[Washington, D.C.] : Bureau of Justice Statistics, Office of Justice Programs, U.S. Department of Justice ; Richmond, Va. : National White Collar Crime Center
Book — 1 online resource (2 volumes).
"Examines how all 50 states, the District of Columbia, and five U.S. territories handled regulatory functions in four offense categories: banking and finance, environmental, worker safety, and Medicaid fraud. Volume I provides a series of tables of statutes authorizing regulatory enforcement options and compares each under the administrative, civil, and criminal categories of enforcement. Volume II describes the purpose of the statutes and enforcement options authorized by the statutes. Both reports reflect relevant statutes as of October 2016. Findings were based on an online review of state laws, as part of the 2014 State and Local White Collar Crime Program."--Publisher's home page.
[Washington, D.C.] : Bureau of Justice Statistics, 2017.
Book — 1 online resource (12 pages) : color illustrations
Under the Brady Act,, being an unlawful user of or addicted to a controlled substance prohibits a person from receiving firearms. The National Instant Criminal Background Check System (NICS) Improvement Amendments Act (NIAA) of 2007 defines “unlawful drug use” records as those that identify a person unlawfully using or addicted to a controlled substance, as demonstrated by specified arrests, convictions, and adjudications that are not protected from disclosure to the Attorney General by Federal or State law. There are several challenges in making illegal-drug-use records available for NICS checks. The lack of centralized records management systems for law enforcement agencies makes it difficult to report drug arrests and obtain lab reports that may not be obtained for weeks or months after an arrest. Drug courts often misunderstand which records are reportable to the NICS index or may be reluctant to report illegal drug use as a violation in a person’s terms of supervision. Other impediments to creating comprehensive and accurate data on persons who have unlawfully used drugs are also discussed; however, the increased awareness of the need to develop and report drug use records to NCIC has led to some progress. The promising practices identified in this bulletin can provide guidelines for States in improving their collection and submission of data on persons who have unlawfully used drugs, thus disqualifying them from receiving a firearm. Personnel training and automation of data management are critical in this effort.
""For our statutory report this year, the Commission has examined whether the Environmental Protection Agency (EPA) is complying with its environmental justice obligations. Specifically, the Commission has reviewed EPA's compliance with Title VI of the 1964 Civil Rights Act, the Executive Order on Environmental Justice and EPA's use of the Resource Conservation and Recovery Act (which governs solid waste disposal and is also known as the Solid Waste Disposal Act) as an environmental justice tool to regulate the disposal of coal ash. The Commission chose to build off its prior evaluation of EPA's Title VI program and implementation of the Executive Order. At the same time, the Commission expanded the scope of review to include EPA's regulation of coal ash, because it represents an attempt by EPA to implement environmental justice principles as part of exercising its traditional statutory authorities. In the late 1980's, advocacy by a number of community groups as well as the publication of several studies, drew attention to the issue of disproportionate exposure of minority and low income communities to sources of pollution. Various labels were attached to this concept: "environmental equity." "environmental racism." and 'environmental justice." The latter term has been adopted by EPA and also used in a Presidential Executive Order in 1994. Executive Order 12,898 requires federal agencies to collect data on the health and environmental impact of their activities on communities of color and low income populations, and develop policies incorporating the principles of environmental justice into their mission."--PDF Executive summary.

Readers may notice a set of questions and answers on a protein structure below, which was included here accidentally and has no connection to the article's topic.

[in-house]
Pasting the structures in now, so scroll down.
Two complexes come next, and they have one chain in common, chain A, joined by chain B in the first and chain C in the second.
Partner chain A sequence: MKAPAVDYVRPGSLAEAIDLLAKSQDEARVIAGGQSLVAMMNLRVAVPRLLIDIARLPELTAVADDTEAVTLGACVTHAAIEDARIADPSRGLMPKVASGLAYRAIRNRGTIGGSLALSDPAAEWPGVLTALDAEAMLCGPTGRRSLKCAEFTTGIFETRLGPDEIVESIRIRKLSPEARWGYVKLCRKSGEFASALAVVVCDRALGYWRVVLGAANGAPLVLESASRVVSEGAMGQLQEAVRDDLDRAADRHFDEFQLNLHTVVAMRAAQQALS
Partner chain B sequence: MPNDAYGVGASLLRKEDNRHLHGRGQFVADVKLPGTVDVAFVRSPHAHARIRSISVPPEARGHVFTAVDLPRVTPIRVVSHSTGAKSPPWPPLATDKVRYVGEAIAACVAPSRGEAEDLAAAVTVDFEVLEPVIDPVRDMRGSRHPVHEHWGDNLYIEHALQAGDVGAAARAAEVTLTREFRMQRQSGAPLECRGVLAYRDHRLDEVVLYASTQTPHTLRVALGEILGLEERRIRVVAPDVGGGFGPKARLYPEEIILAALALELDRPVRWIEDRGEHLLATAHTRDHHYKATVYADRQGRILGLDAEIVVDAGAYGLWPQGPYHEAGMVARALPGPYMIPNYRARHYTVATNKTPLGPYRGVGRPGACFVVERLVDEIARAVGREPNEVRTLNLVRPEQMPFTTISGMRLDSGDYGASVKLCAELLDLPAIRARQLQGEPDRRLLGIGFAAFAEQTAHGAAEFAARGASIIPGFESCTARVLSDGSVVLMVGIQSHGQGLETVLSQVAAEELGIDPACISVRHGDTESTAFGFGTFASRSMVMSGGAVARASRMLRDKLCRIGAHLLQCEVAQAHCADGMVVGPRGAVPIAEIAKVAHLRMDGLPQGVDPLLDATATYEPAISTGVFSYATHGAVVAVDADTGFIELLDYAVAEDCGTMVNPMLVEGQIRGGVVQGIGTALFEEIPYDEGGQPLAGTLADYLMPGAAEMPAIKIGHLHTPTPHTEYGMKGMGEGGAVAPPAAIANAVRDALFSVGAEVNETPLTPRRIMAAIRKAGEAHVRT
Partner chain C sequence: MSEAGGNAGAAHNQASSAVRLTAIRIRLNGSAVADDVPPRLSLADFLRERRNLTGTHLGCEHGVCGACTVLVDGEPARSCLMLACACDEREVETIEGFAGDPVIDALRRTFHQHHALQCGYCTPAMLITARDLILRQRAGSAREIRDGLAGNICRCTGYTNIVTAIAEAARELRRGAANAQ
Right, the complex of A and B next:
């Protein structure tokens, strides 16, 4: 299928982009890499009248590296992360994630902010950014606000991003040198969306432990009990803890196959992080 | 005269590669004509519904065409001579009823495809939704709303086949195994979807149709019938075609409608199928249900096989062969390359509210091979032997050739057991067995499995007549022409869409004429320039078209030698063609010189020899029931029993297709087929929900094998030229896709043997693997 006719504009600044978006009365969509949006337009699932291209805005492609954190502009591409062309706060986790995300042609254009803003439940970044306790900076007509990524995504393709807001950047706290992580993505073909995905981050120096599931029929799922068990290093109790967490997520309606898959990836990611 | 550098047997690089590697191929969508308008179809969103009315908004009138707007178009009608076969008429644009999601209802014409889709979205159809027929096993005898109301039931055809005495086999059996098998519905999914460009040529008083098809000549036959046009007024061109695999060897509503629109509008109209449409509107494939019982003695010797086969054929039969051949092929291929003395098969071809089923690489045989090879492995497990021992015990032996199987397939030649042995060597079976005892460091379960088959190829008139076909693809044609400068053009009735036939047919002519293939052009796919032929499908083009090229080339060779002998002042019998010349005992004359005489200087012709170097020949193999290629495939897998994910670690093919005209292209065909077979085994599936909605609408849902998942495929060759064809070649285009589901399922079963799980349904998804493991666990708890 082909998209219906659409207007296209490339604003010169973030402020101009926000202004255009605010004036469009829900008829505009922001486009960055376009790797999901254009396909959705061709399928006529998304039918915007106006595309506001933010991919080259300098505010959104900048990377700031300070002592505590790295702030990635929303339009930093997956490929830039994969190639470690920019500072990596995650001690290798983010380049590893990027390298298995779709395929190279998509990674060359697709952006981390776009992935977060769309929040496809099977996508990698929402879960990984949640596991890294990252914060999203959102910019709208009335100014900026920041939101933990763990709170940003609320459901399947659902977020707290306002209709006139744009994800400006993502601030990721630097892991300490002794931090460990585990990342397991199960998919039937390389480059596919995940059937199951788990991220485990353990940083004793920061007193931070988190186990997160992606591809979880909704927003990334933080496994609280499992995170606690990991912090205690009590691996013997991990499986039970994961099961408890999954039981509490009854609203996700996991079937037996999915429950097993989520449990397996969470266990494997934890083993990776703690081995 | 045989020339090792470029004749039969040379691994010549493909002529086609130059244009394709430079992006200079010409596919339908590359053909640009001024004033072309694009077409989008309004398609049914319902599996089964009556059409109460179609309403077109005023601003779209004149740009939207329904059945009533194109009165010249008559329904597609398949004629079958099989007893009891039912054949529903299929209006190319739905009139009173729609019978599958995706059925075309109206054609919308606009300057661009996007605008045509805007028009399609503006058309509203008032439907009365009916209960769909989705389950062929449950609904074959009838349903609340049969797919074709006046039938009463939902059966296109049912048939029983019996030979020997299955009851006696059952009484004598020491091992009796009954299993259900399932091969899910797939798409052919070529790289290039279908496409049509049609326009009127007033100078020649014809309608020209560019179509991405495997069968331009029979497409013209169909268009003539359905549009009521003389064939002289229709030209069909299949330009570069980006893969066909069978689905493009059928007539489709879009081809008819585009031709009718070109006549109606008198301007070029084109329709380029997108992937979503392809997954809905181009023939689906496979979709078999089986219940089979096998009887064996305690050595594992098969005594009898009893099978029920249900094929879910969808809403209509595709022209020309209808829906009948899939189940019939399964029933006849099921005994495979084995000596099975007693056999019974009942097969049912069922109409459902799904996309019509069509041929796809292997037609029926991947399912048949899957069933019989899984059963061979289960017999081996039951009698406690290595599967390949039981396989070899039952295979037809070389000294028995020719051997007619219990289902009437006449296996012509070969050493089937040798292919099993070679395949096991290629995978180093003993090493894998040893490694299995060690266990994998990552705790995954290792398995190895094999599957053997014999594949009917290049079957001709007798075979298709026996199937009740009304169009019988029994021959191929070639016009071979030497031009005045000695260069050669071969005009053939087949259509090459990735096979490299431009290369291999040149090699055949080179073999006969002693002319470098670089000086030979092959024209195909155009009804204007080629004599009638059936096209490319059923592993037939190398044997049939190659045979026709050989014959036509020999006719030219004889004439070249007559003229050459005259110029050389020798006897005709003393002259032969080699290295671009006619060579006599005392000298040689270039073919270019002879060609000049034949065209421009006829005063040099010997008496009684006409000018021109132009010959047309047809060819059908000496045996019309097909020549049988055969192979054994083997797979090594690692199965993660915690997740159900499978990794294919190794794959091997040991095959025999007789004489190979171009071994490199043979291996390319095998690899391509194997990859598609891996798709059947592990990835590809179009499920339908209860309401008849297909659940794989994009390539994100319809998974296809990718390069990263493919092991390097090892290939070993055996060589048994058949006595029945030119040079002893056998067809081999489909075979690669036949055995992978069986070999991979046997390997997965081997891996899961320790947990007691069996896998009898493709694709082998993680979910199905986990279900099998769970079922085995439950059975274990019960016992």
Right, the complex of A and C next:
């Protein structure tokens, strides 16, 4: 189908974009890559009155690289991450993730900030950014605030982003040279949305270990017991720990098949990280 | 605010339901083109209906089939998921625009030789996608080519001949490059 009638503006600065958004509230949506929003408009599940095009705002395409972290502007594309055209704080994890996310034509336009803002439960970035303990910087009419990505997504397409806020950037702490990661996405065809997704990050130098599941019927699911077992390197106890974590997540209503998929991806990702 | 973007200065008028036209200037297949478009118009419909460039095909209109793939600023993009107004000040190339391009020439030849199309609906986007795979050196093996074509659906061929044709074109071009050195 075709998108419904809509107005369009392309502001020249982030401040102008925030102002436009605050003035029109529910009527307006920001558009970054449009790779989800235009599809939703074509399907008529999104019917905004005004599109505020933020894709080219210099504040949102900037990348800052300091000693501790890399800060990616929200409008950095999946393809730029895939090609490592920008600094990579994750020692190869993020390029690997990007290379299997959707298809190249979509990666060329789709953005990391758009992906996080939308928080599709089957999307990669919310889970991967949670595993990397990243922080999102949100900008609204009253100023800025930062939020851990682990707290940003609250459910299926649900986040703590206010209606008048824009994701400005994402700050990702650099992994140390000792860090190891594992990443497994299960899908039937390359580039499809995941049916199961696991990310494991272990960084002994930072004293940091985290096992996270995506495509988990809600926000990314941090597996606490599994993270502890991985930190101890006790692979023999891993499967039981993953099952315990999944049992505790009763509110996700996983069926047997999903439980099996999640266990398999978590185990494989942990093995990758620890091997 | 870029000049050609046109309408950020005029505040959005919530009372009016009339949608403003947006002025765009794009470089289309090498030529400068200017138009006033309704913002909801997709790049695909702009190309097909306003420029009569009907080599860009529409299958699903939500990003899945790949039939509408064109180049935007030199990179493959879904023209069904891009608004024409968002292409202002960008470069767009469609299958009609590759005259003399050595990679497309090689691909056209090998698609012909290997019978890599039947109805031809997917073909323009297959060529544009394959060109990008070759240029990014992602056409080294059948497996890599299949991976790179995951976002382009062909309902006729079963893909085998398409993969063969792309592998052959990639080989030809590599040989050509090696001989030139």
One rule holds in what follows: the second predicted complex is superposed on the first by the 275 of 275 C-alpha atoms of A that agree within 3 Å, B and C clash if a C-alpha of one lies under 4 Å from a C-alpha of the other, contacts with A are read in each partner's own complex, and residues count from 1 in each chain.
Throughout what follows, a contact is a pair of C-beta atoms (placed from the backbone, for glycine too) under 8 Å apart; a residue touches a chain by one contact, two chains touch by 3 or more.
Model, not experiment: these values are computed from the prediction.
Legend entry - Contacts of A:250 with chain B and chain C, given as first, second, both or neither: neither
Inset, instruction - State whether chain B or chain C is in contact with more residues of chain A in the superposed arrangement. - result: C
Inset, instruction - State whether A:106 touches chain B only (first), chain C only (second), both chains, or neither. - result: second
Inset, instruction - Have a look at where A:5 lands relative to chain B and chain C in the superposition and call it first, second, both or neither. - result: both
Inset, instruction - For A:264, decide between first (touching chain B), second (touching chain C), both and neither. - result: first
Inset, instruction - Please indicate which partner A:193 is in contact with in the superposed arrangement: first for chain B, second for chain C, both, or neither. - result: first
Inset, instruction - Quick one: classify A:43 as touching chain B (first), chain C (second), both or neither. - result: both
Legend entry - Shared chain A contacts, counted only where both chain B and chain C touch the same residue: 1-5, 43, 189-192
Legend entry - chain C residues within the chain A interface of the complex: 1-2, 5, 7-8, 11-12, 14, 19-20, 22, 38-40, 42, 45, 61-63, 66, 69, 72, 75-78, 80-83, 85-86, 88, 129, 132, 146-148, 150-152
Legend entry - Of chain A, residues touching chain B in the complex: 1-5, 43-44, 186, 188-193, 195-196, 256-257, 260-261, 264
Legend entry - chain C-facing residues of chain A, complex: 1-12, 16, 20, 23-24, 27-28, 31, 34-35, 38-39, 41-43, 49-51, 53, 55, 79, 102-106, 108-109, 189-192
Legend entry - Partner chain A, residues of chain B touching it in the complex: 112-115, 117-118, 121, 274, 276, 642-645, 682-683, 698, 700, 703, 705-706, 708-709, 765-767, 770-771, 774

[Washington, D.C.] : Federal Trade Commission, 2014.
Book — 1 online resource ( pages) : color illustrations
In this report, the Federal Trade Commission discusses the results of an in-depth study of nine data brokers. These data brokers collect personal information about consumers from a wide range of sources and provide it for a variety of purposes, including verifying an individual’s identity, marketing products, and detecting fraud. Because these companies generally never interact with consumers, consumers are often unaware of their existence, much less the variety of practices in which they engage. By reporting on the data collection and use practices of these nine data brokers, which represent a cross-section of the industry, this report attempts to shed light on the data broker industry and its practices. For decades, policymakers have expressed concerns about the lack of transparency of companies that buy and sell consumer data without direct consumer interaction. Indeed, the lack of transparency among companies providing consumer data for credit and other eligibility determinations led to the adoption of the Fair Credit Reporting Act (“FCRA”), a statute the Commission has enforced since its enactment in 1970. The FCRA covers the provision of consumer data by consumer reporting agencies where it is used or expected to be used for decisions about credit, employment, insurance, housing, and similar eligibility determinations; it generally does not cover the sale of consumer data for marketing and other purposes. While the Commission has vigorously enforced the FCRA,1 since the late 1990s it has also been active in examining the practices of data brokers that fall outside the FCRA.